Everyone battles something. Pride, arrogance, self-sufficiency, addictions of all kinds. Along with countless others, I’m in a constant battle for self-worth. I have a very low opinion of myself; I was born believing that there’s something fundamentally wrong with me. That belief is never more than one thought away and it tends to creep in when I least expect it, even when things are going well. Especially when it comes to dating relationships (but really relationships of all kinds) I expect the other person to finally “see me for how I truly am” and reject me.

Here’s the problem: I don’t know what I expect them to see and subsequently reject. I didn’t smoke marijuana in high school. I don’t sleep around or drink anything more exciting than sparkling grape juice. I don’t have tattoos or piercings to mark less-mature versions of myself. No bizarre habits or deep emotional scars from my childhood. I didn’t even start listening to pop music until college… and I don’t think I’ve ever seen an R-rated movie besides The Passion of the Christ.

So what do I expect people to reject? I don’t know, my internal voice whispers, but there’s definitely something wrong with you so buckle up. If you sign up to love someone, anyone, expect to have a broken heart. Expect them to give up on you.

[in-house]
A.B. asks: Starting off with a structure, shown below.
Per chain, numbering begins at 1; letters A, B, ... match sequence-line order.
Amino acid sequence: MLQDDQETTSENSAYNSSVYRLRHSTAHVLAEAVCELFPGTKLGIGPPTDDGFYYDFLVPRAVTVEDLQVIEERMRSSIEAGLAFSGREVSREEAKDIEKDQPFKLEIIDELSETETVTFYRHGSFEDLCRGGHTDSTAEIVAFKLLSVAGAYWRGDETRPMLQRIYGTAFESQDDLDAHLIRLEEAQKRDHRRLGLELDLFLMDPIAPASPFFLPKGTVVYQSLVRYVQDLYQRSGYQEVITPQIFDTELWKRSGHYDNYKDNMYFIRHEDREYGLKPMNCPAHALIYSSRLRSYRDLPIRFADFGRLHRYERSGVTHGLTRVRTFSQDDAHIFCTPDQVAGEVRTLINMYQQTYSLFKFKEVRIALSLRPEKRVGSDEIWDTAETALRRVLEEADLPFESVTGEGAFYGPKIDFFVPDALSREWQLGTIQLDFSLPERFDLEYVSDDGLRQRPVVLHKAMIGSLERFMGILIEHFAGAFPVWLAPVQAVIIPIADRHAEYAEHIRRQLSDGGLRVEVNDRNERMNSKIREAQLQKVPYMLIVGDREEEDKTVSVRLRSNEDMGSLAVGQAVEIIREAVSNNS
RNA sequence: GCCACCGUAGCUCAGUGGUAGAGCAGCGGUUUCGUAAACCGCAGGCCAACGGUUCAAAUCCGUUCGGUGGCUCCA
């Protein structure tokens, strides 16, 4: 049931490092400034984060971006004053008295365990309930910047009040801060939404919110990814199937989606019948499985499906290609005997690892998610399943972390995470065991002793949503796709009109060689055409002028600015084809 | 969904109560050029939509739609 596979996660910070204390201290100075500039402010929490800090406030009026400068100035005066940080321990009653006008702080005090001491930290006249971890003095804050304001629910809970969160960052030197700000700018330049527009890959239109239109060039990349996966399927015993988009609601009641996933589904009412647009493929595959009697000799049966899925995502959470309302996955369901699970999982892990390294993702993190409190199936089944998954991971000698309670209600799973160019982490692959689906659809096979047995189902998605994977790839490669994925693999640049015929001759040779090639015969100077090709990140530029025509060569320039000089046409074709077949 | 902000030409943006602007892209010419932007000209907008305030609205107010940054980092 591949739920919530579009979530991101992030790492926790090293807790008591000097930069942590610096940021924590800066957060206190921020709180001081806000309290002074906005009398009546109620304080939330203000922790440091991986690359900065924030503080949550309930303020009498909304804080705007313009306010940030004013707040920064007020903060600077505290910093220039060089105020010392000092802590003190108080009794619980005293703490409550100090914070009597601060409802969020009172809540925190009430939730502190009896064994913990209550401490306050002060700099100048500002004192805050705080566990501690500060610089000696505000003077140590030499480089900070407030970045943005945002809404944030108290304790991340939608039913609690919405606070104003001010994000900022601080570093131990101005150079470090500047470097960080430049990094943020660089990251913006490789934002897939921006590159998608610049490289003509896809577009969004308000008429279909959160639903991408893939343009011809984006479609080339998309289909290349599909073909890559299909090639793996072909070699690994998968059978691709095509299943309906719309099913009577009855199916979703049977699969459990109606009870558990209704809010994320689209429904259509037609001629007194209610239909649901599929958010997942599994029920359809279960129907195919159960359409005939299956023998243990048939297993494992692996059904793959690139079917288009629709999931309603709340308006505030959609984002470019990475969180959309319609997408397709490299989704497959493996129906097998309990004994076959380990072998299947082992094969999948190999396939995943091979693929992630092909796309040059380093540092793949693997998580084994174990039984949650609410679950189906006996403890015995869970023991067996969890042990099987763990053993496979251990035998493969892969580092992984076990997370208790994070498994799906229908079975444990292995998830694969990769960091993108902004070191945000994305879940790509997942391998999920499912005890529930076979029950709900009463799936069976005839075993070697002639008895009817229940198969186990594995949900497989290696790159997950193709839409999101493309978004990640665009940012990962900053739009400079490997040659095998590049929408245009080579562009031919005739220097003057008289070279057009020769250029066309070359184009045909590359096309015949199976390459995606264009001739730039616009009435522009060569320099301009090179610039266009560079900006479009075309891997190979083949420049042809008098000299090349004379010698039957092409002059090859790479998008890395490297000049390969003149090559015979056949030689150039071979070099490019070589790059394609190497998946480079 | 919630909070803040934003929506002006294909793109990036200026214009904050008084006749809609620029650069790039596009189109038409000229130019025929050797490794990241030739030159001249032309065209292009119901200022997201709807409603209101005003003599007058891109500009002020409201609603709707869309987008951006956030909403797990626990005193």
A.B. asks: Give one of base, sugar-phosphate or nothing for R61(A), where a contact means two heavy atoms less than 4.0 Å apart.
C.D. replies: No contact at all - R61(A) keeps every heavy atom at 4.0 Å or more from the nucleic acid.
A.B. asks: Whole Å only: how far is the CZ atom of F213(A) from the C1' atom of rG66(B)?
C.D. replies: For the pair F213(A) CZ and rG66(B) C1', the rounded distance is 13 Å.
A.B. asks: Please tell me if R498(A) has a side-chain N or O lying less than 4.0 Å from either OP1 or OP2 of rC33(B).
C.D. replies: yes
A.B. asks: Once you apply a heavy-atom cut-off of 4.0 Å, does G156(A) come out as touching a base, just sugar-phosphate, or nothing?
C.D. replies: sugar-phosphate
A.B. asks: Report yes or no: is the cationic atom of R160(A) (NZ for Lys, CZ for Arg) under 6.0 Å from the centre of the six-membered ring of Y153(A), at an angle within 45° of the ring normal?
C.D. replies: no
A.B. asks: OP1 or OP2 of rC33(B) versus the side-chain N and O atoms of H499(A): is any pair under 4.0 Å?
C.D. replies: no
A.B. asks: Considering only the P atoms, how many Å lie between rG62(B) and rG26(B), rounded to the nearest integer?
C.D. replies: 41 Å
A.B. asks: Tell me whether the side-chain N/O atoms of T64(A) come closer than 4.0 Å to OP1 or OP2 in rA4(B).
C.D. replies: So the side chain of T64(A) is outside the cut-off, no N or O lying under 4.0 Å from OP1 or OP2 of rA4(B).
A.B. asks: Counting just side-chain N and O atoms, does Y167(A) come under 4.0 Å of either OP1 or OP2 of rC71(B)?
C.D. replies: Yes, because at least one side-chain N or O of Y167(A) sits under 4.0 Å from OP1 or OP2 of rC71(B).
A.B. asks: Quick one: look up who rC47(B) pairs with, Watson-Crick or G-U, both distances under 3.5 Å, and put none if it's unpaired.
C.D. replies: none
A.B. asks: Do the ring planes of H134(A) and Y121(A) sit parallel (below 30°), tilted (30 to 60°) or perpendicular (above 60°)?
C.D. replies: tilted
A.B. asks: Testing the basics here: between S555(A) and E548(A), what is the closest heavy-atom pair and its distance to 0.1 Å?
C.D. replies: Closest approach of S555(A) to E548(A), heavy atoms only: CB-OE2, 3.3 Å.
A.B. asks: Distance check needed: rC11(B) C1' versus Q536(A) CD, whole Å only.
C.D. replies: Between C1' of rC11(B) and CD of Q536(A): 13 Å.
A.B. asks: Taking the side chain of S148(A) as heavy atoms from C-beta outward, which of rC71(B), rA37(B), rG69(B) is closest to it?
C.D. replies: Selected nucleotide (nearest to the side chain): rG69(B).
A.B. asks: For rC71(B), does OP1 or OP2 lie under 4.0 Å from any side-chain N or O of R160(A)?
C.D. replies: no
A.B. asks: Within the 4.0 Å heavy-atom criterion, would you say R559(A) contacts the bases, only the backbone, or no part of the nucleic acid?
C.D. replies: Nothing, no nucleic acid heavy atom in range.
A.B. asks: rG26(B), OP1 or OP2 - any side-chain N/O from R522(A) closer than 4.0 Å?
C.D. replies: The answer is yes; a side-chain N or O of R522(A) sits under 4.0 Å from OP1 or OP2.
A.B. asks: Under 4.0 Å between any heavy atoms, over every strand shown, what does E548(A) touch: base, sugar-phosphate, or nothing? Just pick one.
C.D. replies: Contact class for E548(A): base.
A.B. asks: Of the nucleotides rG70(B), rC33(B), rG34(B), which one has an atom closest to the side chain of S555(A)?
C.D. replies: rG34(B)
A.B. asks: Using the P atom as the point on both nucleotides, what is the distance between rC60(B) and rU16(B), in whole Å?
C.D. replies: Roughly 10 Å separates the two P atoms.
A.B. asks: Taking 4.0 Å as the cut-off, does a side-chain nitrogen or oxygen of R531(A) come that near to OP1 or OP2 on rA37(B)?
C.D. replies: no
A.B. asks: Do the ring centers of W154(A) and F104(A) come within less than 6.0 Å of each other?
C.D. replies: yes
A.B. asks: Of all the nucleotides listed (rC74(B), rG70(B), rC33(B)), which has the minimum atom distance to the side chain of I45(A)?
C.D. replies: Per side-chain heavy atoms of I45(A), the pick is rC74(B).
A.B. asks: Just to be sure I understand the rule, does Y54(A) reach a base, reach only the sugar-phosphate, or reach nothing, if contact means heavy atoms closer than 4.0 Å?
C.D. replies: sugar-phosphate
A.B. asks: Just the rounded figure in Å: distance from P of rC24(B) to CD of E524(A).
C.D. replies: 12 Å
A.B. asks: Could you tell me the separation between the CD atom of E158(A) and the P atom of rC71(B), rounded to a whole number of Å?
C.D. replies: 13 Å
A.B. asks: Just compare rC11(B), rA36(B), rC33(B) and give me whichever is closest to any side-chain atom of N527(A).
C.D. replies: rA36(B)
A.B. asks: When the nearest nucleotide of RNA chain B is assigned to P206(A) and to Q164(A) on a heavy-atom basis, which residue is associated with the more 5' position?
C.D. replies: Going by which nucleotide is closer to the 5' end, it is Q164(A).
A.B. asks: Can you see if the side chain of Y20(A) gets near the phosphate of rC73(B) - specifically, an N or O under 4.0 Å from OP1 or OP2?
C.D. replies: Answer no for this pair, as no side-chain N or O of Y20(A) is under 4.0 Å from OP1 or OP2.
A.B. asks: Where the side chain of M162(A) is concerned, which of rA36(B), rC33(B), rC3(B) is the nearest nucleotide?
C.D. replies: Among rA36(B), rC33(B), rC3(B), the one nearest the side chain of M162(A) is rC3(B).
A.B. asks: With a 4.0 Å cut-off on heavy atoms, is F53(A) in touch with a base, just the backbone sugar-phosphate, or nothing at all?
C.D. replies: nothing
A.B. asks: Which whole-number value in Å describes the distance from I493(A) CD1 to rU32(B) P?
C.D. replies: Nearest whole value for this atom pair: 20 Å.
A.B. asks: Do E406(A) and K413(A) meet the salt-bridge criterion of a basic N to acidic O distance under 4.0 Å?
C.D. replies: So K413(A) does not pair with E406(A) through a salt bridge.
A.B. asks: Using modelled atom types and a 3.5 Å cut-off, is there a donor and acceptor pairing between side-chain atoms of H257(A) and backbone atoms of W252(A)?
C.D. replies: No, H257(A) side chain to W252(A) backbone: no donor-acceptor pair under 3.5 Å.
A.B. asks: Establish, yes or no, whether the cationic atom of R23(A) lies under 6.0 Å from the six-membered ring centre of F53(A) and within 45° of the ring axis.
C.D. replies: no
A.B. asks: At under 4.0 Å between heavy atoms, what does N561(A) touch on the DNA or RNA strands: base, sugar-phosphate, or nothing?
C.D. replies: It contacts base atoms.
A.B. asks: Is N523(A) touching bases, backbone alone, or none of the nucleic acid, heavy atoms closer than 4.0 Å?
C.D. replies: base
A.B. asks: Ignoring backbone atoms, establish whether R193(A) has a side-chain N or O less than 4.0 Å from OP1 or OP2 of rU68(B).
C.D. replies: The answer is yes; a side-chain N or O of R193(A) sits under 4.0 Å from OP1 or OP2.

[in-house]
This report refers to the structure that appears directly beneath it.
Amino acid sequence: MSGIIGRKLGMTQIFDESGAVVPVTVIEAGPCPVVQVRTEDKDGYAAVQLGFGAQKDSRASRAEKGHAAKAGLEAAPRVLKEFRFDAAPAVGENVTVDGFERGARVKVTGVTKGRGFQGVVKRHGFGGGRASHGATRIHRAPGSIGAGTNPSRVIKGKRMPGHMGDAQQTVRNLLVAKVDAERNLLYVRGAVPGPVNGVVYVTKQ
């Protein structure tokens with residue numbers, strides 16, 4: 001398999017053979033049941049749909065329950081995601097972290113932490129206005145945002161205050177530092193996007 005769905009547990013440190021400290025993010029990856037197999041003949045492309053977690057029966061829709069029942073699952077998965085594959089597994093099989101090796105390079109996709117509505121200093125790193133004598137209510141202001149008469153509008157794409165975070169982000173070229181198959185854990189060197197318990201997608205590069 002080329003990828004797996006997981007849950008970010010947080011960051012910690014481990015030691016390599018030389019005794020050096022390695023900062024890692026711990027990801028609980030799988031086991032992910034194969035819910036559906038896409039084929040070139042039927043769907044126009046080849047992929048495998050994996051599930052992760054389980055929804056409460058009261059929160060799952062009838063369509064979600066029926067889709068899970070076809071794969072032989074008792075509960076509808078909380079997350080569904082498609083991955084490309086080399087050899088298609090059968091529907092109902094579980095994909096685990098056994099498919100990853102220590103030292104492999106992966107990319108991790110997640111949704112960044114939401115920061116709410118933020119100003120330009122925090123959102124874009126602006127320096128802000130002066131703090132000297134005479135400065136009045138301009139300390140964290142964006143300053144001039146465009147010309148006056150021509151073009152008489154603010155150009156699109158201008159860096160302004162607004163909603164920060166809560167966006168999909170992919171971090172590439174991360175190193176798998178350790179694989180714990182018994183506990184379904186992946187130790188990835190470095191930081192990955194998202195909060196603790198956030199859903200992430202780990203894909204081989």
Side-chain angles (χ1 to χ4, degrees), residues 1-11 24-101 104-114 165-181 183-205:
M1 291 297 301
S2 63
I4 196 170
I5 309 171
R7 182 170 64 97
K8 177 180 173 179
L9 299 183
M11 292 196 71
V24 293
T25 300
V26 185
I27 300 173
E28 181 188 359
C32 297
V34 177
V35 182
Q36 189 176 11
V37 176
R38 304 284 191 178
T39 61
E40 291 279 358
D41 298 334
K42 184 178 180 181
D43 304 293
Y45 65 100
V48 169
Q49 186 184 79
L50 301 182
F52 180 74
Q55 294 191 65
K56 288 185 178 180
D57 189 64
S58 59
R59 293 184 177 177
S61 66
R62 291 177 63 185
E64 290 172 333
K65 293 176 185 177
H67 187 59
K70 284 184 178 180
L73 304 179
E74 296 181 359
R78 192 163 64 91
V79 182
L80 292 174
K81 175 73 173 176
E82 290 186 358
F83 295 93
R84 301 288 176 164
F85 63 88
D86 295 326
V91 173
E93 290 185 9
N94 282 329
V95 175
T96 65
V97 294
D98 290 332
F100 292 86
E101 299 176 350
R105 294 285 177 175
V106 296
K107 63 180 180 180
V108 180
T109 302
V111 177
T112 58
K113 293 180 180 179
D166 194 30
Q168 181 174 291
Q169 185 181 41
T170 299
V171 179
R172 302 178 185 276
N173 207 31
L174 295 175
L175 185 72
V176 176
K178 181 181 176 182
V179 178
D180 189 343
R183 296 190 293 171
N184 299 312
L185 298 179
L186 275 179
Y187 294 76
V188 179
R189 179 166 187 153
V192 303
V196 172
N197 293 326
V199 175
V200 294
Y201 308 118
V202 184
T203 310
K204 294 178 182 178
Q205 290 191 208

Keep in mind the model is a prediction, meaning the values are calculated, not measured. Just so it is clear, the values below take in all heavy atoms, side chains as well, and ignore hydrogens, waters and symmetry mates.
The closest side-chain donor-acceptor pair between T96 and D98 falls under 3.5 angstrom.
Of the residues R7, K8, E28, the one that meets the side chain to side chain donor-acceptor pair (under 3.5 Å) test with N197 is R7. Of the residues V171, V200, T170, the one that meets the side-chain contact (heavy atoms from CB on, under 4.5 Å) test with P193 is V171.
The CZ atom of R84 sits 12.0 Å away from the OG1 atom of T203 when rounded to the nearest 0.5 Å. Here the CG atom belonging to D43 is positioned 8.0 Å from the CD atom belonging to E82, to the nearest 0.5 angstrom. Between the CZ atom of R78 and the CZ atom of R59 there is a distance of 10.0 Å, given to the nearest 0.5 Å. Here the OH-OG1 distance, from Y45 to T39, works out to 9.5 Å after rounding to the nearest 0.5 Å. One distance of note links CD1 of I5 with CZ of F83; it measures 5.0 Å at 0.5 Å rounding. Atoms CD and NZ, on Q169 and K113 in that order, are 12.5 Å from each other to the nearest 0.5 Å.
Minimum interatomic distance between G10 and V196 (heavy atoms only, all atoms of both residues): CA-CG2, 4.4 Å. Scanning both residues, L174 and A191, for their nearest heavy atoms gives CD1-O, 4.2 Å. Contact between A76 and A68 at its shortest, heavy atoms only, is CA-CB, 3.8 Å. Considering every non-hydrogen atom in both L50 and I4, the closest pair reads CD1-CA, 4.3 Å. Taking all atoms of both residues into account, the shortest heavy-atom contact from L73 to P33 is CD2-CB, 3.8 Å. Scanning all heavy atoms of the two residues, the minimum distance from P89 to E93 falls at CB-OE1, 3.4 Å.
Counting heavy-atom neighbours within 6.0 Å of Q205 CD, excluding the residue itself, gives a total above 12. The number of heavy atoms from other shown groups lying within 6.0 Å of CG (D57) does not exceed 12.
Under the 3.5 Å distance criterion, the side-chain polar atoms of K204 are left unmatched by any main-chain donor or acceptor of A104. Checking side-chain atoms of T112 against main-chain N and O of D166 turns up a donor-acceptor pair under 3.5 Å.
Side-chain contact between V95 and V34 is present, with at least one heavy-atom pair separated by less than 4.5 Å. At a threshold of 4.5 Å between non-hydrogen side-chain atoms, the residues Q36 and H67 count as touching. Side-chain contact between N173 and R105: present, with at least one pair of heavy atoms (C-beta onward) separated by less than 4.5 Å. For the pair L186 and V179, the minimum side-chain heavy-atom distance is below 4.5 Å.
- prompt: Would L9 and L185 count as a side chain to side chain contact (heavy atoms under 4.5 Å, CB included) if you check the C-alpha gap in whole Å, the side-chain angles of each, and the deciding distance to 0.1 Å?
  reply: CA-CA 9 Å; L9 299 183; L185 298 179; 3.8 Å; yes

As a result, I write that narrative into almost all intentional relationships, the ones that go deeper than surface-level pleasantries. When the person gets preoccupied with other people and responsibilities, when they take six hours to respond to a text, when they brush past me at the office or a restaurant, I instinctively make assumptions. I knew it, that little voice says, I knew it all along. This was inevitable.

I’m not a clingy person, but in those uncertain moments, I’ll trade good sense for panic. I’ll send frantic texts as I try to sort out what exactly I did wrong and how I can fix things. And I’ll let in you in on a secret: it rarely works out.

That uninformed narrative does two things. It perpetuates a lie I believe about myself; it also gives the other person zero grace to be human, too.